Treatment of early puberty in adopted and non-adopted children: when, why and how
Auxological, psychological and ethical aspects of growth promoting treatment around puberty
Normal puberty is the result of the maturation of the hypothalamo-pituitary-gonadal (HPG) axis. Primary and secondary sexual characteristics develop by the increase in the serum levels of gonadal steroids: oestradiol in girls and testosterone in boys. The main players in the process of normal puberty are the hypothalamus, by producing pulsatile Gonadotrophin Releasing Hormone (GnRH), and the pituitary. GnRH influences the pituitary via the portal vein system and the pituitary secretes the gonadotrophins Luteinizing Hormone and Follicle Stimulating Hormone (LH and FSH). LH and FSH in turn stimulate the gonads to develop the cells essential for reproduction and to secrete the gonadal steroids. In girls this maturational process primarily leads to the development of the breasts and internal genitalia. Menarche follows as a result of ongoing maturation. In boys it results in growth of the testes, pubic and axillary hair, lowering of the voice and spermarche. In both sexes, a pubertal growth spurt occurs as well as further psychosocial and psychosexual development.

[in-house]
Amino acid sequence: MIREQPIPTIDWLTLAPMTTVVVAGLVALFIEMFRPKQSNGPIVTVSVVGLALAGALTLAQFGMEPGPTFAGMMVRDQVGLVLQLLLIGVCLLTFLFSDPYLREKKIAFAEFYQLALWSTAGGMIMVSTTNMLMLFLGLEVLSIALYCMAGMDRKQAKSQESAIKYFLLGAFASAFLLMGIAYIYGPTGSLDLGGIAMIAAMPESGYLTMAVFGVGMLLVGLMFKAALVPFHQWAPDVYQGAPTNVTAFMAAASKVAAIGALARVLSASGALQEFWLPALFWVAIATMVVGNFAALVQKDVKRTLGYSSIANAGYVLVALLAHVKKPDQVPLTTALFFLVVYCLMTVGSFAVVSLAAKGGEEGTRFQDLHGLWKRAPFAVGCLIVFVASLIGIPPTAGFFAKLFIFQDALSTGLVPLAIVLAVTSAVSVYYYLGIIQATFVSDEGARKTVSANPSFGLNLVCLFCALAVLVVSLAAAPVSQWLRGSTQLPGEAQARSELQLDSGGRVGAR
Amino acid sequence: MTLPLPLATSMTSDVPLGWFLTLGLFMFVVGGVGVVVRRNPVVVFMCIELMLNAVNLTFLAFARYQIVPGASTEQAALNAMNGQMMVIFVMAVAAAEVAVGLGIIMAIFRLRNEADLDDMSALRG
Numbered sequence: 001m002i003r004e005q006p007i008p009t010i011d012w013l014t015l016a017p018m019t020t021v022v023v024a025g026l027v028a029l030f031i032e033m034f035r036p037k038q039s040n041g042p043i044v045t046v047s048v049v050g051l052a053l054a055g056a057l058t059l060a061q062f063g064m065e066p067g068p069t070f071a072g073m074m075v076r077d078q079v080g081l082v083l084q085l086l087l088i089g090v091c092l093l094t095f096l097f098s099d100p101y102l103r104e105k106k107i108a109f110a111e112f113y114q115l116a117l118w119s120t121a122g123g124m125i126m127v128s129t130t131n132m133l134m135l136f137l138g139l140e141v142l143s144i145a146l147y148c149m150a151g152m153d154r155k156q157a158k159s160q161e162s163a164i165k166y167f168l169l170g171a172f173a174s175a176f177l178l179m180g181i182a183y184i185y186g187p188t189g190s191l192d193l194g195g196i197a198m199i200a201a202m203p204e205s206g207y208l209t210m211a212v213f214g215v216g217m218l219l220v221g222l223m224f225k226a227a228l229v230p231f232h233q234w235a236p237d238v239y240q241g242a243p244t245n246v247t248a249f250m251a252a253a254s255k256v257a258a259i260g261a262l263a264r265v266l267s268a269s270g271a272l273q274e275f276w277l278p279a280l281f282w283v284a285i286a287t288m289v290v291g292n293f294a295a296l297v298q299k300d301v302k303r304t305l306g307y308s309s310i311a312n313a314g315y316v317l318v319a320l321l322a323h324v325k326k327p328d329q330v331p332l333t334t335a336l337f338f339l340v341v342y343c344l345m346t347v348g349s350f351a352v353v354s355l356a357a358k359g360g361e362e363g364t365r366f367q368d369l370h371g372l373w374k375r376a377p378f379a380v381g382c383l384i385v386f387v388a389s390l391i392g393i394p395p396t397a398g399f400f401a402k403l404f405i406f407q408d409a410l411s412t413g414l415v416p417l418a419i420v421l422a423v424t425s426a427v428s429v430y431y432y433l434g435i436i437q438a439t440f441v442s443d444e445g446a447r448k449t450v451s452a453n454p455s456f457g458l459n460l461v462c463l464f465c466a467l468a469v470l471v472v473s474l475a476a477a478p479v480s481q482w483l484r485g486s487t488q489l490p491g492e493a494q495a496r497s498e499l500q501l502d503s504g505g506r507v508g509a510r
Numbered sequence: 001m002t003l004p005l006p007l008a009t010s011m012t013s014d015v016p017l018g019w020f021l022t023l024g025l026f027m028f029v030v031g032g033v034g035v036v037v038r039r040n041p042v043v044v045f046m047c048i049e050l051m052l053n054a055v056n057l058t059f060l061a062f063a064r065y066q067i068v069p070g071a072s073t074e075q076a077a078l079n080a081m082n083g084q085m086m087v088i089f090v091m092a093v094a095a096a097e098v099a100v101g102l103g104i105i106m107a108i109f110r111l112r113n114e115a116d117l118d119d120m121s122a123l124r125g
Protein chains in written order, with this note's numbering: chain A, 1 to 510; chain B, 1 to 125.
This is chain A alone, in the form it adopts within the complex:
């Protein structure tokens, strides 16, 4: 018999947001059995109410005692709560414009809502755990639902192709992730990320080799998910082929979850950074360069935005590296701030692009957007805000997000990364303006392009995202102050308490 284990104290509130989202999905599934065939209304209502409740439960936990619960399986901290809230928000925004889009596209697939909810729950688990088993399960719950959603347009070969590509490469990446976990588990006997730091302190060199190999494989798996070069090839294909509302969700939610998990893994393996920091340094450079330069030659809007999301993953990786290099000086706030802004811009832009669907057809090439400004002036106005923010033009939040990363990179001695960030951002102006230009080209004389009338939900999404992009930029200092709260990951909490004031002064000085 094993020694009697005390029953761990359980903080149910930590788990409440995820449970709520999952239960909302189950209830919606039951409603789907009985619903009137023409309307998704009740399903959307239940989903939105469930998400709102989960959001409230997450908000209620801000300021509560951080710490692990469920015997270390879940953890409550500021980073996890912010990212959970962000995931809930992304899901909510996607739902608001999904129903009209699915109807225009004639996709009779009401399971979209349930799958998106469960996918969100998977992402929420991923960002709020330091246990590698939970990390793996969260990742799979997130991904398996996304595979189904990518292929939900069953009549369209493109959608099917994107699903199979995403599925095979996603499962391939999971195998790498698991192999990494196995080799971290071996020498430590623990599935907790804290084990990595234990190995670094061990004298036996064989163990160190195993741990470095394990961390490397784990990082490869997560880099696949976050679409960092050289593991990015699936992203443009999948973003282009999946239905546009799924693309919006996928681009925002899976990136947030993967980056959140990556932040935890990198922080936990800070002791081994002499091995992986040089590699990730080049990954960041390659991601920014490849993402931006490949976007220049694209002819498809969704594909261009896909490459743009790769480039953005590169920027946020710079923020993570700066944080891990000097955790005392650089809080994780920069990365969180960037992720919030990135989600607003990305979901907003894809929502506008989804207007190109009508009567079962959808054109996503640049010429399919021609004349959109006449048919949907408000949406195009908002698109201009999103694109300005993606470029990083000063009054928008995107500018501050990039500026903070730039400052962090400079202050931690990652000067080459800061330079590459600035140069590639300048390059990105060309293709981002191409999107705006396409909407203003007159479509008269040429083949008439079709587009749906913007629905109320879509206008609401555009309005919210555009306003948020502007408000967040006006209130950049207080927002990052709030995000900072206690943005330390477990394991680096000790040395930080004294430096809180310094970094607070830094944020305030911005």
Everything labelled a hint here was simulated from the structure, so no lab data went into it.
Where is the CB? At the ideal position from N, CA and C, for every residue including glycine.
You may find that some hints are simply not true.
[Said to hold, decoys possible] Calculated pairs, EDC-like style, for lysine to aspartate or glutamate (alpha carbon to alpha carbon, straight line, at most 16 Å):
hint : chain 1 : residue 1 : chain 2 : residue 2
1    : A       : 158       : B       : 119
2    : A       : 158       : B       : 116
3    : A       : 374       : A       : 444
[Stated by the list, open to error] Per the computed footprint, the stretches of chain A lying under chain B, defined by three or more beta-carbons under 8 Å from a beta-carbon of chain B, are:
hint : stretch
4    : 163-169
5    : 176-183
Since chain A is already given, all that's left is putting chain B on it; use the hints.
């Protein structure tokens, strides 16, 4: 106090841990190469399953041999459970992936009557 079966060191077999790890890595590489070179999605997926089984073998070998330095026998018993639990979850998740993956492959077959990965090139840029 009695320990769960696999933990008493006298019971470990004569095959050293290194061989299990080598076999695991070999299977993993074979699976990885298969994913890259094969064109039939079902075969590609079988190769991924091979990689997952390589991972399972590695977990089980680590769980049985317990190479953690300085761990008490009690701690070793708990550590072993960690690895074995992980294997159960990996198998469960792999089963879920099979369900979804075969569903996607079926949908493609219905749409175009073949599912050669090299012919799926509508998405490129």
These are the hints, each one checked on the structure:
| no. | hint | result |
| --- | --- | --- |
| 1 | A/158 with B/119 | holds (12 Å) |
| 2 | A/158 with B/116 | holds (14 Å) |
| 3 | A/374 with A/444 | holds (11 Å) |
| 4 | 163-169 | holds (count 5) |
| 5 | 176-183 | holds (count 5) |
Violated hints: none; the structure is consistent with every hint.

|Publisher||Erasmus University (Institute)|
|Promotor||Drop, S.L.S. (Stenvert)|
|Sponsor||Pharmacia & Upjohn BV (Woerden), Fering BV (Hoofddorp), Abbott BV (Hoofddorp)|
Mul, D.. (2000, December 20). Treatment of early puberty in adopted and non-adopted children: when, why and how. Erasmus University (Institute). Retrieved from http://hdl.handle.net/1765/20394